"What was interesting was that Ell3 marked enhancers that are active and inactive, as well as enhancers that are known as "poised," says Lin, referring to a transition state from inactive to active. "That indicated that Ell3's major function might be to prime activation of genes that are just about to be expressed during development."
The fact that silent genes can be "primed" for expression was no surprise: researchers knew that the enzymatic machine that copies DNA into the RNA blueprint for proteins—a protein called Pol II—often pauses at the start of a gene, presumably revving its engine in preparation to jump across the genetic start gate in response to a developmental signal. However, Shilatifard and colleagues showed several years ago that paused Pol II is not a prerequisite for rapid transcriptional induction.
The surprise came when researchers used a molecular trick to deplete mouse ES cells of Ell3 and then did a "genomic" survey. They found that paused Pol II vanished from the start sites of many genes in Ell3-deficient cells. This means that not only does Ell3 preferentially mark stem enhancers, but also that its presence there is necessary to keep an idling Pol II ready for action.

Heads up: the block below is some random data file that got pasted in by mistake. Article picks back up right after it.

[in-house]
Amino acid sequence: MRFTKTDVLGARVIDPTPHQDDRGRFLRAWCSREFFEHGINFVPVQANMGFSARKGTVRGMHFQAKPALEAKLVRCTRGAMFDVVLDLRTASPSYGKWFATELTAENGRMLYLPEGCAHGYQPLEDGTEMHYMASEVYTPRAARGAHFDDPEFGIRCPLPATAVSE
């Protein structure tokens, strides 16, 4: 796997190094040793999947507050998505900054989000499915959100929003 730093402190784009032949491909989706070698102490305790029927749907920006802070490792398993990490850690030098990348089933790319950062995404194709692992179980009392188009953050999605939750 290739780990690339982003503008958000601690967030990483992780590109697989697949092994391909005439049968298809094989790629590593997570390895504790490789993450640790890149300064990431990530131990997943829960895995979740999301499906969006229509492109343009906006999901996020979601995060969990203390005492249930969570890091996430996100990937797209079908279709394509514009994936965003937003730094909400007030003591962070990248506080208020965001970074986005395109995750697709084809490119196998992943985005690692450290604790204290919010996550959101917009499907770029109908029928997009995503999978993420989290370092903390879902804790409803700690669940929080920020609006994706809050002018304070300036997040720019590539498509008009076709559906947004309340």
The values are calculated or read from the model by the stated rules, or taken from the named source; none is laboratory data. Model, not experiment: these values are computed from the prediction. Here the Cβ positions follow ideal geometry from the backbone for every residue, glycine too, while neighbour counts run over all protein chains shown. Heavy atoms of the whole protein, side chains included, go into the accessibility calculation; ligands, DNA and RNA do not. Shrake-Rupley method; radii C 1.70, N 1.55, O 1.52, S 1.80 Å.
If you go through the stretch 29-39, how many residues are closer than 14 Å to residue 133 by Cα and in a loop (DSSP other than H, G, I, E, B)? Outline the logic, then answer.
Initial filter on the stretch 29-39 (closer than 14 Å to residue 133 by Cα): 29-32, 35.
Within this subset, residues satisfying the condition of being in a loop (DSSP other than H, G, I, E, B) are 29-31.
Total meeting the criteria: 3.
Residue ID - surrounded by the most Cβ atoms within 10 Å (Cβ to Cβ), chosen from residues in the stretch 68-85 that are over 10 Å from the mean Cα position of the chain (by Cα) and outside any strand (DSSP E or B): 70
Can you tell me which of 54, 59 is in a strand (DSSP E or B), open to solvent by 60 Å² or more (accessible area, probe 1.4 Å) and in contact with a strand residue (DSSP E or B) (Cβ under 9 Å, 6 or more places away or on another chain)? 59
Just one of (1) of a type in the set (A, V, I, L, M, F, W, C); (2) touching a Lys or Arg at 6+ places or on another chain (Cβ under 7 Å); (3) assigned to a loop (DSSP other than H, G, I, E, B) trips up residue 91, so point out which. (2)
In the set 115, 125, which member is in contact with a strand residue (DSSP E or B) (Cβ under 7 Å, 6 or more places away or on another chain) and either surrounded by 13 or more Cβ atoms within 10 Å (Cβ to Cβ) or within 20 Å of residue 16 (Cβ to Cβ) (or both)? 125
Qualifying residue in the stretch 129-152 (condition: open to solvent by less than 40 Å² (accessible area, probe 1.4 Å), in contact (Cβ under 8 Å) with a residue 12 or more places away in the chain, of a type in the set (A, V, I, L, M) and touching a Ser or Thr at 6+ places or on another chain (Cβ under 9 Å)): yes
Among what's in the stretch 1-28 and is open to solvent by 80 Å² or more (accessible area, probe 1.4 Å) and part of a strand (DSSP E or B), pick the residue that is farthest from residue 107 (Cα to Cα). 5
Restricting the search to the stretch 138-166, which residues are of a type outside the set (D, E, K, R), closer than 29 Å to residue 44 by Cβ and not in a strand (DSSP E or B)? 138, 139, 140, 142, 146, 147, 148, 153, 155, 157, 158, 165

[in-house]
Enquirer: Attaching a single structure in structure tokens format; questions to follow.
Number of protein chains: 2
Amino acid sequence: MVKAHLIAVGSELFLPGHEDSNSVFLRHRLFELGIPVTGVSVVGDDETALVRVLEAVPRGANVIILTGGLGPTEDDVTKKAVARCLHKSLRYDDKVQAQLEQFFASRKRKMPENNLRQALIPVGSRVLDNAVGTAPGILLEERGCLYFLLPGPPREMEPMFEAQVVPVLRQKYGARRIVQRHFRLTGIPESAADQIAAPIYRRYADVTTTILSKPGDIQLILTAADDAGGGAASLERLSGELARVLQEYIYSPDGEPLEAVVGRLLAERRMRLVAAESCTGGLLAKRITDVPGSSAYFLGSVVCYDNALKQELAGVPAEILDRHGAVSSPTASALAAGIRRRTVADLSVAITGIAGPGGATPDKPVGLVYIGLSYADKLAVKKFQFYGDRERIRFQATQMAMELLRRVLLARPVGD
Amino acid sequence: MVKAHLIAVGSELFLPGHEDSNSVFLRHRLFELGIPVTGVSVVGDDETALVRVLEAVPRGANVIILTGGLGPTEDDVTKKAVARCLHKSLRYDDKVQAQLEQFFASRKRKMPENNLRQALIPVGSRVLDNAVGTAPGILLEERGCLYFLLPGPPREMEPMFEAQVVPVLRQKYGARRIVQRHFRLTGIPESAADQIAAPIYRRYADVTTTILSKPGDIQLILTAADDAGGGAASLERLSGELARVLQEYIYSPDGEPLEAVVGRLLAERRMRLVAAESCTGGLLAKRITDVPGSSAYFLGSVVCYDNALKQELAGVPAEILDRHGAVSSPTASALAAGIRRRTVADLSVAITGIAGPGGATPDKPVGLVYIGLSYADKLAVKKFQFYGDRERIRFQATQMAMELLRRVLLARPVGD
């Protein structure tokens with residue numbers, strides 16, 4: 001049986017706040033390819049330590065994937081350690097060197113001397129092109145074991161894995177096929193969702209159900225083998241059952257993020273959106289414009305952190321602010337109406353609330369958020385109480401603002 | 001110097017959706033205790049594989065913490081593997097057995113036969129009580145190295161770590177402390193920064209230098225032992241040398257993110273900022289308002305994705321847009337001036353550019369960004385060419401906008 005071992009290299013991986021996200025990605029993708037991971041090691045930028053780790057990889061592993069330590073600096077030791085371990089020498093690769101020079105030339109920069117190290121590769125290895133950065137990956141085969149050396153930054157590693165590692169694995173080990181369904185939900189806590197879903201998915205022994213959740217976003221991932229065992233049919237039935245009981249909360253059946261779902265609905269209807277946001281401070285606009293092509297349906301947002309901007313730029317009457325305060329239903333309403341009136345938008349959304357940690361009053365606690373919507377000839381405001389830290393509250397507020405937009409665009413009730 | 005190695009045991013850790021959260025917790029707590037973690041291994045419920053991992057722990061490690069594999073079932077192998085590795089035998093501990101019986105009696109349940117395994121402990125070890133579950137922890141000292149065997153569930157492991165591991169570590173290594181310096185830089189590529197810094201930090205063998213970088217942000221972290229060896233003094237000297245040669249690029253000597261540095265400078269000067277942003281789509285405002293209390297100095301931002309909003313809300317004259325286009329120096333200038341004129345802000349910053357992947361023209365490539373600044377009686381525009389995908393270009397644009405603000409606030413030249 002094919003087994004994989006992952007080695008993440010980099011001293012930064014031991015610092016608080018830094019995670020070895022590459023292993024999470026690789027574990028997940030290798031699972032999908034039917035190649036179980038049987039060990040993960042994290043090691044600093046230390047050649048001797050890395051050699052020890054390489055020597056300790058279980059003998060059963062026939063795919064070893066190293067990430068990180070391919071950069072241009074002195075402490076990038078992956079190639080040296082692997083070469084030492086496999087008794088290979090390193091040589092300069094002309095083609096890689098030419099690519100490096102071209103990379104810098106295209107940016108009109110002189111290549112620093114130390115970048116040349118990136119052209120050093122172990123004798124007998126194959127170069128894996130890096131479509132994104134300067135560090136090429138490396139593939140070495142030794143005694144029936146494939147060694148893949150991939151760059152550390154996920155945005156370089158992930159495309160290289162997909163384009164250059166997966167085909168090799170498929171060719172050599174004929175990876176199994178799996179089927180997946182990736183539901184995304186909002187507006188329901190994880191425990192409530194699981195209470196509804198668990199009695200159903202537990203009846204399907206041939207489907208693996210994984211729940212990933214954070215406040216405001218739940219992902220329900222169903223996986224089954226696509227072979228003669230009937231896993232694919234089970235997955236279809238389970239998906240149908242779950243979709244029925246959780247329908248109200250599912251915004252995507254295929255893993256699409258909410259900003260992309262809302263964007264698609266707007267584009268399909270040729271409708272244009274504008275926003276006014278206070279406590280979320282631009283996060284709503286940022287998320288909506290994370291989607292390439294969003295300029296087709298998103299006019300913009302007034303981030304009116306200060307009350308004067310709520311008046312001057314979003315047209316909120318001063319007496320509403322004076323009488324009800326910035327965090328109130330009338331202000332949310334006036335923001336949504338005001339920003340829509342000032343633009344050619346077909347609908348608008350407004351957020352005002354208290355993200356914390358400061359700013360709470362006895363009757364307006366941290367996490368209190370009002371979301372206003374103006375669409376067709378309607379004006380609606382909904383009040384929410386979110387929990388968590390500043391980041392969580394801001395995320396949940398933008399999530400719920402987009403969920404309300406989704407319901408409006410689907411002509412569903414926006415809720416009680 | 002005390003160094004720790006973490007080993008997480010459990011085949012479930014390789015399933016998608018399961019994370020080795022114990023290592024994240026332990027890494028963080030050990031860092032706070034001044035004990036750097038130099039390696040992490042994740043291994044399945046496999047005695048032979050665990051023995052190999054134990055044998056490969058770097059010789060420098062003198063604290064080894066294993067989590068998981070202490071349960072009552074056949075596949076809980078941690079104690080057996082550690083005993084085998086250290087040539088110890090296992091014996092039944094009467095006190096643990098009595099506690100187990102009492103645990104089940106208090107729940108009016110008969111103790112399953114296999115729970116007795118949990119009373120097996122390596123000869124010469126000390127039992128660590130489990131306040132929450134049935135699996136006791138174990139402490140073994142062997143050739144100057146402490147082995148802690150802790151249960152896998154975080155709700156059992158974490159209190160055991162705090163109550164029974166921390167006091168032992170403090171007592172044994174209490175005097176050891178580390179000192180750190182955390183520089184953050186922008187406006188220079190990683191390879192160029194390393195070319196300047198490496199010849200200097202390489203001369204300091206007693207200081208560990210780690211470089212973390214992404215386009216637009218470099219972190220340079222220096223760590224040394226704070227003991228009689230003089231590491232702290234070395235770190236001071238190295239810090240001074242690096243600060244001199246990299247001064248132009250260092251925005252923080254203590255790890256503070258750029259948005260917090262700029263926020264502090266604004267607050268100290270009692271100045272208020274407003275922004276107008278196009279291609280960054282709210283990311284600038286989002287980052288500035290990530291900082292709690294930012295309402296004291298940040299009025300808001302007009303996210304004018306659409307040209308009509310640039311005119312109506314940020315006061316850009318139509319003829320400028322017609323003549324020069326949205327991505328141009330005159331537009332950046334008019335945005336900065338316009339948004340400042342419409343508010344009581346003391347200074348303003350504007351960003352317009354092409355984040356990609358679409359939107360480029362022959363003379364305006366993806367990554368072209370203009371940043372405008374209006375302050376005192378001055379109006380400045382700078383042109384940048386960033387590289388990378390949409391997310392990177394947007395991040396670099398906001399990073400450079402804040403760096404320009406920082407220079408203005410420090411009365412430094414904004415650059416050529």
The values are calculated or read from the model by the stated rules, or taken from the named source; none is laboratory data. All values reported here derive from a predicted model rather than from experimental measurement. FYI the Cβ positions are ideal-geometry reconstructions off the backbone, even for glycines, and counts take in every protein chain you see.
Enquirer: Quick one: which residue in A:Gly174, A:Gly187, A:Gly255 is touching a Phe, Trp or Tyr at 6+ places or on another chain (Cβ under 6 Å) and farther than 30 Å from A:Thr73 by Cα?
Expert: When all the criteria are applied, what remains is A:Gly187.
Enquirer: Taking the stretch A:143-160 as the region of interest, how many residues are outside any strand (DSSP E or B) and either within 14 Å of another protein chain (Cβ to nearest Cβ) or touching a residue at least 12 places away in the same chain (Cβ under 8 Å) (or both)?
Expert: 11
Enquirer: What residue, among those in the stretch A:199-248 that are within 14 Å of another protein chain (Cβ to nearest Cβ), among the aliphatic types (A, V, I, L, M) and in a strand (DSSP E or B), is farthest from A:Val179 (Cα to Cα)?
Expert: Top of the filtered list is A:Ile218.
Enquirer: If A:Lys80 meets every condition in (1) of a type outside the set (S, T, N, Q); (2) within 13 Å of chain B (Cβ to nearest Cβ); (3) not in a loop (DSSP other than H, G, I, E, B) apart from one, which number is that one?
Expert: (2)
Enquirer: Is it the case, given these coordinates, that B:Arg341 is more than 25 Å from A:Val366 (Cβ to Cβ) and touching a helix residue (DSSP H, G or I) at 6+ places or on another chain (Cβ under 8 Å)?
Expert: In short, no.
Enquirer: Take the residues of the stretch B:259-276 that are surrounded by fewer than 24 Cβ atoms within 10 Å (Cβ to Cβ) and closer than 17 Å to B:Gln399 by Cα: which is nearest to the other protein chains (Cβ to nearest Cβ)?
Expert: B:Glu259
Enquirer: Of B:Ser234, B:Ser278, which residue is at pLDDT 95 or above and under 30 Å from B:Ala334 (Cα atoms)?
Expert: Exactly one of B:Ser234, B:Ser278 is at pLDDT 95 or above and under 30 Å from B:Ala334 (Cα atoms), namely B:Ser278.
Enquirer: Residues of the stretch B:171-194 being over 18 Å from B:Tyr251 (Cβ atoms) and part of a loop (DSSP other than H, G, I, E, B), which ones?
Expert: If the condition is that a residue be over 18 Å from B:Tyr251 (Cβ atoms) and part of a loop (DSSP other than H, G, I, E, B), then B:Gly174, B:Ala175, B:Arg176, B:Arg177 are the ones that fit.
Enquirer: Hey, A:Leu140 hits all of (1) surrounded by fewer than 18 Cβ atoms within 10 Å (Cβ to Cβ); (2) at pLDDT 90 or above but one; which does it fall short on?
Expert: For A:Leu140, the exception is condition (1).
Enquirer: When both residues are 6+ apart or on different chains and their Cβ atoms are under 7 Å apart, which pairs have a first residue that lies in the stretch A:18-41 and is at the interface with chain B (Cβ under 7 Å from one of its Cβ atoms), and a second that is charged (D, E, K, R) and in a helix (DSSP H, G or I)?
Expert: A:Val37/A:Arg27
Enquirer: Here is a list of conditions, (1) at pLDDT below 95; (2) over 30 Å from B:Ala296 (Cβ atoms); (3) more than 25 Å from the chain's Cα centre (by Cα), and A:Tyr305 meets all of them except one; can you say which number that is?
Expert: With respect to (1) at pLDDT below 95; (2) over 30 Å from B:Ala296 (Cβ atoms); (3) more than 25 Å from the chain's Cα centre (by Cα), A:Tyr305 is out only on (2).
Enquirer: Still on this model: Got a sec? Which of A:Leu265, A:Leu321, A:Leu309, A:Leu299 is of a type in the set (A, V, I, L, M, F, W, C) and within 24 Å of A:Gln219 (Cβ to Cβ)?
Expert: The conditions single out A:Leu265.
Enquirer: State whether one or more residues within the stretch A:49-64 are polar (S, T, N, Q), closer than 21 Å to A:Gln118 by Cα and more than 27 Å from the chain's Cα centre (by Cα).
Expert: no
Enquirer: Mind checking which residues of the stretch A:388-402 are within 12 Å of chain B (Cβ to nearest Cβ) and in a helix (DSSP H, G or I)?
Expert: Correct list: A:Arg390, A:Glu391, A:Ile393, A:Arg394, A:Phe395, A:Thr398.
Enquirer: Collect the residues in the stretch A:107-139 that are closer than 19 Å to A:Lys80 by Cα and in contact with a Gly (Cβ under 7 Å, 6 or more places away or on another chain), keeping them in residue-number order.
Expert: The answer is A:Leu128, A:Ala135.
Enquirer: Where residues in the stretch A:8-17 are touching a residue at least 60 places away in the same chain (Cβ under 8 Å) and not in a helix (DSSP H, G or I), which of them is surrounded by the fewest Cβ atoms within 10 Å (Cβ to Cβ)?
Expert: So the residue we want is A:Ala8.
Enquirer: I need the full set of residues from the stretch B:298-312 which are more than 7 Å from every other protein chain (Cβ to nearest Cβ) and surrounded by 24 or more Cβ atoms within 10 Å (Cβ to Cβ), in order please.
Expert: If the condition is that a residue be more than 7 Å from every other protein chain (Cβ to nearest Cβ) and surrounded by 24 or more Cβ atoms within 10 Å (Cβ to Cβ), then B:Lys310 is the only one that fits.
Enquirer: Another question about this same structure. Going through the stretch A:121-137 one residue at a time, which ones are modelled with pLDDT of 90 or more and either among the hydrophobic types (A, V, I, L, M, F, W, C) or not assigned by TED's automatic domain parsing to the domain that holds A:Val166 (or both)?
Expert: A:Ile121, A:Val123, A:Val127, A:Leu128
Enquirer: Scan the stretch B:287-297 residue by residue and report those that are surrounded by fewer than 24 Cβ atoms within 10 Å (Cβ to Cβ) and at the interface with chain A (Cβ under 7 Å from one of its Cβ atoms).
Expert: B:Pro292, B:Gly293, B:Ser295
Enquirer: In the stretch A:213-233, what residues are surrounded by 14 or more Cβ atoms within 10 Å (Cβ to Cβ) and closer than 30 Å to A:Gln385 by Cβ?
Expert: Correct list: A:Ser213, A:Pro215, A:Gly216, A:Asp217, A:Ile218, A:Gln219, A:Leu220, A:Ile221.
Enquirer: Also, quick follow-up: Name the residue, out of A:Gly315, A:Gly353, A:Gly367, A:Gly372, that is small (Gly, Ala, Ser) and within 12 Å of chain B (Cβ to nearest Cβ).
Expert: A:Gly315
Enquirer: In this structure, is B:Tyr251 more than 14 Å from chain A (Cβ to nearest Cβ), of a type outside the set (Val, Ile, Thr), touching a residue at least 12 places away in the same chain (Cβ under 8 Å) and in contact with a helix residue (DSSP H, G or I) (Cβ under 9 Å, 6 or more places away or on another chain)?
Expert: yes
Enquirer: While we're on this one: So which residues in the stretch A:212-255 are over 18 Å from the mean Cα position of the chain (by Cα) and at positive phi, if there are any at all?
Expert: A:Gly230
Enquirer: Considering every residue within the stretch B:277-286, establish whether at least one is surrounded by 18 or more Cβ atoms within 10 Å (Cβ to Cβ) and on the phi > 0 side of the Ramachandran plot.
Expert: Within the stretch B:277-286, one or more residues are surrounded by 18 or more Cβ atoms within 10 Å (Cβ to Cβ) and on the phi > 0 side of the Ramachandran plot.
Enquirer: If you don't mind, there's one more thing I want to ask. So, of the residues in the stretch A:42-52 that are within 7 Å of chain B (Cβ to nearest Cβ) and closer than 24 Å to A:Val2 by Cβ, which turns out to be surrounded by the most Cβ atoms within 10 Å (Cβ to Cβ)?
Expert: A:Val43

Most of the current study defines how, when the developmental time is right, enhancer-bound Ell3 cooperates with components of a big-boss elongation factor called the Super Elongation Complex to release Pol II from the start gate, allowing the expression of genes required for stem cell differentiation. Critical among those findings is their observation that mouse stem cells depleted of Ell3 failed to activate genes expressed in mature cell types.
These results alone are cause for any lab to start chilling the champagne, yet a surprising coda to the study, leaves readers with yet another revelation. Collaborating with Fengli Guo, Ph.D., head of the Stowers electron microscopy core, the team prepared highly magnified images of mouse sperm and observed that both Ell3 and Pol II were present, in sperm nuclei.